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Charlie

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Charlie is part of Bernard's back story, and is Arnold's son. Bernard believes that Charlie iss his and Lauren's son. He is portrayed by Paul-Mikel Williams.

BiographyEdit

Charlie was Arnold's son. His favorite 'song' was Rêverie, a solo piano piece by Claude Debussy (1862 – 1918). Arnold would play this music for Charlie when he wanted to sleep. One of Charlie's toys was an old-fashioned ball-in-a-maze puzzle game.

In Bernard's 'memories' Charlie had cancer and died, This devastated Bernard and his ex-wife, Lauren. It can be assumed that Arnold's son, Charlie, also died of cancer.

Season OneEdit

"The Original"Edit

In the Behavior Lab/Diagnostics area, Bernard holds a photo of Charlie. He says to a host, "Sometimes I envy your forgetfulness."

"The Stray"Edit

Arnold tells Dolores that he used to read Alice in Wonderland to his son at night. When she asks where his son is, he replies that she wouldn't understand where he is.

Ford says to Bernard, "I know that the death of your son, Charlie, still weighs heavily on you."

Bernard talks to his ex-wife, Lauren, in the communications room at the Mesa Hub. During this conversation, Bernard remembers seeing Charlie in a hospital room, and Charlie dying. Bernard's emotional response seems 'off' during this conversation - even when taking into account his grief. He doesn't seem to be looking at Lauren at all, and his pupils move back and forth rapidly (like someone in the REM cycle of sleep).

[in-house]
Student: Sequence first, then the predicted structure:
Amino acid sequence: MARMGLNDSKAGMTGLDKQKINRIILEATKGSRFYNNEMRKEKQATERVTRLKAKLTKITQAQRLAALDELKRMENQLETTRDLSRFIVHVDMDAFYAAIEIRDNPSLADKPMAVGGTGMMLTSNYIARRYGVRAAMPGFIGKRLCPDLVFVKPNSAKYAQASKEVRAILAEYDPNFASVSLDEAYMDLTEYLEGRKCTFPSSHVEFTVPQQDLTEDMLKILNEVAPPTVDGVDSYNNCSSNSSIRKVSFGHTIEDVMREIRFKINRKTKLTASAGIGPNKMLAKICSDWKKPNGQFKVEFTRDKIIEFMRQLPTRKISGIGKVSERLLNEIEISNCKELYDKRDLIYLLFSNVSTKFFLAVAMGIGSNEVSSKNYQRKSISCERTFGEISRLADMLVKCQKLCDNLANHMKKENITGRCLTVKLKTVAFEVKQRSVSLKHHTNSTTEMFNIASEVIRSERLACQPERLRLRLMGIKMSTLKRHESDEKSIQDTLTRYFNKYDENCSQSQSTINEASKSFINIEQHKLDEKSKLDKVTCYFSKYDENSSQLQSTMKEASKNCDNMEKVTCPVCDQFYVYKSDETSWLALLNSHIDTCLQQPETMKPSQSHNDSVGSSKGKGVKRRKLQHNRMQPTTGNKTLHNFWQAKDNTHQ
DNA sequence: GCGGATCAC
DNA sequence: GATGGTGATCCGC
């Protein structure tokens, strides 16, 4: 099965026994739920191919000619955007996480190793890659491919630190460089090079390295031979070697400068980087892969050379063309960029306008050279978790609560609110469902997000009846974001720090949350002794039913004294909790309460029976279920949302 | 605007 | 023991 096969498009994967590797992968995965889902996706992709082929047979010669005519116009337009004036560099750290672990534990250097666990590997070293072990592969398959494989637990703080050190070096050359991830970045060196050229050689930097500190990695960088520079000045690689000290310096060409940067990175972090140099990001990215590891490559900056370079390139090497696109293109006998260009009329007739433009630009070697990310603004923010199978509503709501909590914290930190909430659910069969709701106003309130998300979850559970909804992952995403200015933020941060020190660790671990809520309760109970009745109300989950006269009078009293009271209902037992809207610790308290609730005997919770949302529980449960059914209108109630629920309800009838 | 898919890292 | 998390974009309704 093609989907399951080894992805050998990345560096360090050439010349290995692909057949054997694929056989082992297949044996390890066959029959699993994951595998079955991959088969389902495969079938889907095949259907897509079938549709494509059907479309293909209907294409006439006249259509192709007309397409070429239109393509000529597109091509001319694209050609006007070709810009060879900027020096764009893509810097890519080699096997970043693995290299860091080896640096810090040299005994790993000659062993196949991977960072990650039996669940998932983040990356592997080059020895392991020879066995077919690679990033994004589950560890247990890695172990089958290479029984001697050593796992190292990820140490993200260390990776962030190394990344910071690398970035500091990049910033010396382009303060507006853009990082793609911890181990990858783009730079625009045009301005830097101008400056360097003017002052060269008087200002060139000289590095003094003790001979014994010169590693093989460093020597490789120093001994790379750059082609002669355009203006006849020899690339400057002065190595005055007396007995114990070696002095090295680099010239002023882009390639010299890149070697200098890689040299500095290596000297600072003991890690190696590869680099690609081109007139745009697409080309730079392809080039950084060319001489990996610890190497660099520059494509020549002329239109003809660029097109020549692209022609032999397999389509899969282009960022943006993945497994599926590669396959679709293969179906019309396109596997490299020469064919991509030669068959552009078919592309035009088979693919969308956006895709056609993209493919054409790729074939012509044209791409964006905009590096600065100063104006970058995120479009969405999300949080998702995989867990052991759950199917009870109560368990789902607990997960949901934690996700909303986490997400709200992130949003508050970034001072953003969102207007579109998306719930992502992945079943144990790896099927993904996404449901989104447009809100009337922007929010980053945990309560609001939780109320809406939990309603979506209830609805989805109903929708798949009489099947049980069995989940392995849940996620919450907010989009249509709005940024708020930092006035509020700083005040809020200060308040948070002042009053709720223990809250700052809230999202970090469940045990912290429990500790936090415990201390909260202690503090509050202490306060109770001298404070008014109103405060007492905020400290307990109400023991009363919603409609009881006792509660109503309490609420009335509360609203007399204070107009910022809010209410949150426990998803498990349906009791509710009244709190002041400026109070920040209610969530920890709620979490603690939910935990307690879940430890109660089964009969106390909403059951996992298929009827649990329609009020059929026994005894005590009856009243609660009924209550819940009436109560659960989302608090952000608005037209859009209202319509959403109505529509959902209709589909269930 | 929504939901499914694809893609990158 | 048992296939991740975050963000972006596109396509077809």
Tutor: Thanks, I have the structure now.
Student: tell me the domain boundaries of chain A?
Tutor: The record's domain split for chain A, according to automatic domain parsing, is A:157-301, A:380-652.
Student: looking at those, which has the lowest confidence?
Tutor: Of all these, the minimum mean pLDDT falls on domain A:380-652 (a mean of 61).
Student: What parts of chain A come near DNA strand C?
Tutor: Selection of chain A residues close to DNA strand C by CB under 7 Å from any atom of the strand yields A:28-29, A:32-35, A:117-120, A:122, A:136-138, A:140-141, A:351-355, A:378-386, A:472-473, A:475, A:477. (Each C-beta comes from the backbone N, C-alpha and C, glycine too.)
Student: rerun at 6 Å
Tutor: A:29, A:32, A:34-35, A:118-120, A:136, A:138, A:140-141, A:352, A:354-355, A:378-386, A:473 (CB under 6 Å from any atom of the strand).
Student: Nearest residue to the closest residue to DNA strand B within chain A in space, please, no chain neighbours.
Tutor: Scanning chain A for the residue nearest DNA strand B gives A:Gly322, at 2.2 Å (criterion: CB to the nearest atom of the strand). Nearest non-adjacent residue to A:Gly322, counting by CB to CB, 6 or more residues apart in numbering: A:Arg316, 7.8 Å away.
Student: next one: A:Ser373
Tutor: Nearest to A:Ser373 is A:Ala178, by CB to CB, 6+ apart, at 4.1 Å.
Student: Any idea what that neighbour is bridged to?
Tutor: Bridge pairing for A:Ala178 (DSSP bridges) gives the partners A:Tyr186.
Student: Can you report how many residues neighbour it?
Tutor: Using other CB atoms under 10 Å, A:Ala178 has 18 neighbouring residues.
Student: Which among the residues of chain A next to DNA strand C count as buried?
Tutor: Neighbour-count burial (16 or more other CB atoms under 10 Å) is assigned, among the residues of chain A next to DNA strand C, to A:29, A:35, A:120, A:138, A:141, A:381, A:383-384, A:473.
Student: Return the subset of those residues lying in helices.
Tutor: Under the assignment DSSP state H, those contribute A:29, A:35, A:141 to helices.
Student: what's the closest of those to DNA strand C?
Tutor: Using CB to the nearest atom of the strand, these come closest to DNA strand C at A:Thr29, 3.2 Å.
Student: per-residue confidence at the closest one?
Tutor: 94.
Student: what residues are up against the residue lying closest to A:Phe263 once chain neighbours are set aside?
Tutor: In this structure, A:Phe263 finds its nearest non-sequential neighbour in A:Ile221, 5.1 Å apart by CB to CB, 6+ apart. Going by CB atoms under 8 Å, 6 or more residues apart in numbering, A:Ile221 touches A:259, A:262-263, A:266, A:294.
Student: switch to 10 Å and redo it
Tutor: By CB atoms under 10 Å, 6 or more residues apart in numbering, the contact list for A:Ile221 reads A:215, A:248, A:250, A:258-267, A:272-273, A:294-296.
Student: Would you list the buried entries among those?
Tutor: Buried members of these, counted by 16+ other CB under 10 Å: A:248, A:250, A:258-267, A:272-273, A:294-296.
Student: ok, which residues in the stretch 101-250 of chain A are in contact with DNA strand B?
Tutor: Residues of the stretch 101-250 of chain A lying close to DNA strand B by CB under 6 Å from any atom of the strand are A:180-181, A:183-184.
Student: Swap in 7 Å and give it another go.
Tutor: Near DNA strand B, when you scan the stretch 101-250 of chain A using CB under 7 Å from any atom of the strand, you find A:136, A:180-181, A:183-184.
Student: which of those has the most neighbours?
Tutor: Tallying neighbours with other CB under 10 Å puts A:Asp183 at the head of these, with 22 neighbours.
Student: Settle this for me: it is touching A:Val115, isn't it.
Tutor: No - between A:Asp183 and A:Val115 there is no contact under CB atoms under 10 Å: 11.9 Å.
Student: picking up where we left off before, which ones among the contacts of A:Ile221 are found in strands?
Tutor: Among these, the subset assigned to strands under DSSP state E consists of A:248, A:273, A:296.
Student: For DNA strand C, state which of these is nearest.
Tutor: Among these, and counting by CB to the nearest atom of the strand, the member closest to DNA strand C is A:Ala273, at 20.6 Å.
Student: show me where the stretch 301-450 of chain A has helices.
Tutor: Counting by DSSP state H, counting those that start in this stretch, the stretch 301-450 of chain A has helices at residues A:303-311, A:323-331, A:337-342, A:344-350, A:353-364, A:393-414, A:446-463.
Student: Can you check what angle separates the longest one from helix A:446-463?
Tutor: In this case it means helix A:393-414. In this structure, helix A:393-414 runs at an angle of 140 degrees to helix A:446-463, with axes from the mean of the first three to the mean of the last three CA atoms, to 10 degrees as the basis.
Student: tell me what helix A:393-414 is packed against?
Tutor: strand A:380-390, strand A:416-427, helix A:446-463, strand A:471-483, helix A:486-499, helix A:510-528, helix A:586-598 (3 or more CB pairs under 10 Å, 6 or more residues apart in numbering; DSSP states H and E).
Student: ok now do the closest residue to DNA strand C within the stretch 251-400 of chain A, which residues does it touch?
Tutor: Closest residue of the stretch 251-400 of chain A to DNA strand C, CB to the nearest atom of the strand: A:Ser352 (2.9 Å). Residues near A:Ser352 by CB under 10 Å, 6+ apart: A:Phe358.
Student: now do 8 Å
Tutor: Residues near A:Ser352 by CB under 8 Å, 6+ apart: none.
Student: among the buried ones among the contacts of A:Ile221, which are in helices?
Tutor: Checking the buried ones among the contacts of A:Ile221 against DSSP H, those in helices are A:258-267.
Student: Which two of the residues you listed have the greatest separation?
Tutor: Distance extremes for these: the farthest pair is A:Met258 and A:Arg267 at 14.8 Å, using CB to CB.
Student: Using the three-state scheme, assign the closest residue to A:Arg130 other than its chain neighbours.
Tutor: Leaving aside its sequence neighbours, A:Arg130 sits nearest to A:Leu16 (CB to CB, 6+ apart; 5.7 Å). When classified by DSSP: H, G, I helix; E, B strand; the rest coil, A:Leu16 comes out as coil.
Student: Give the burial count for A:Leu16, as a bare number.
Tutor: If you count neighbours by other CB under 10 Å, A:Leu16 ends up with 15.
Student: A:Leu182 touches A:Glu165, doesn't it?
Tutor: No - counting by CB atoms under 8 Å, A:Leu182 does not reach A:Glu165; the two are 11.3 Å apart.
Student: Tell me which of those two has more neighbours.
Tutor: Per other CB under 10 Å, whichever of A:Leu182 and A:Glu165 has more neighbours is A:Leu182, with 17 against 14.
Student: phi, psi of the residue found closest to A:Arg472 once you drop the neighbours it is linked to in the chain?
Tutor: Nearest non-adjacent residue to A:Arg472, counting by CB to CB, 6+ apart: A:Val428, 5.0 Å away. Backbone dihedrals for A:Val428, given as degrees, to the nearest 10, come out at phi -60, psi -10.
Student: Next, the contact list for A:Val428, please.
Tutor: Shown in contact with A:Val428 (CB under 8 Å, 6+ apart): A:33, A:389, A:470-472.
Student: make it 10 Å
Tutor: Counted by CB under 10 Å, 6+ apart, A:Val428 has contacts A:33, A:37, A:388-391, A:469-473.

Arnold tells Dolores about how he taught Charlie to swim: how after hours of holding on to Charlie while practicing kicking, he finally let go of him.

"The Adversary"Edit

At the sector 17 cottage, Ford asks Bernard: if he could see his son again, wouldn't he want to?

"Trompe L'Oeil"Edit

Bernard (Arnold?) is sleeping in a chair by Charlie's bedside in a hospital. Charlie calls for him until he wakes up, and reminds Bernard that he was reading a book to Charlie. Bernard resumes reading, but stops again to gently reassure Charlie, who looks sickly and tired, that everything will be okay. He begins looking for a different book to read, when Charlie calls him again. Bernard looks up as Charlie slumps to one side and loses consciousness, dying. Bernard says his son's name repeatedly, and stands up to shake him awake; he's panicked. Bernard jolts awake in his bed, and realizes that he's awoken from a dream.

"Trace Decay"Edit

Ford is potentially evasive when Bernard asks if Charlie and Lauren are real. Instead of answering, "yes" or "no", he only says, "Every host needs a backstory, Bernard. You know that. The self is a kind of fiction, for hosts and humans alike."

"The Well-Tempered Clavier"Edit

As Bernard is searching his memories for his first memory - his moment of creation - he 'remembers' being in a hospital room with Charlie. Hospital staff attempt to resuscitate the boy. Bernard orders the staff to stop and to leave, and they just disappear. He commands Charlie to 'come back'. Charlie awakens and sits up and Bernard embraces him.

Bernard tells his 'son', "You're a lie, Charlie". He states that revisiting the pain of this loss is the only thing holding him back (even though he longs for the pain), and that he has to let Charlie go.

Charlie tells Bernard to "open his eyes". Bernard then hears Ford say the same thing.

"The Bicameral Mind"Edit

Ford says that Arnold got his idea for The Maze from one of Charlie's toys. He also tells Bernard that he needed the backstory of a dying son in order to awaken and become conscious; that suffering was the key to this. And, he says to Dolores, "What he had lost in his son, he tried to rekindle in you."

Arnold tells Dolores that Debussy's Rêverie was Charlie's favorite piece of music and that he would play it for Charlie when he wanted to sleep.

GalleryEdit

The gallery below is automatically generated and contains images in the category "Images of Charlie". Images added to that category turn up in the gallery after a short time.

AppearancesEdit

Trivia Edit

  • Debussy's Rêverie is heard playing on a harp in Bernard’s 'memories' of Charlie.
  • It can be assumed that children (and adults) no longer die of cancer 34 years after Arnold's death.

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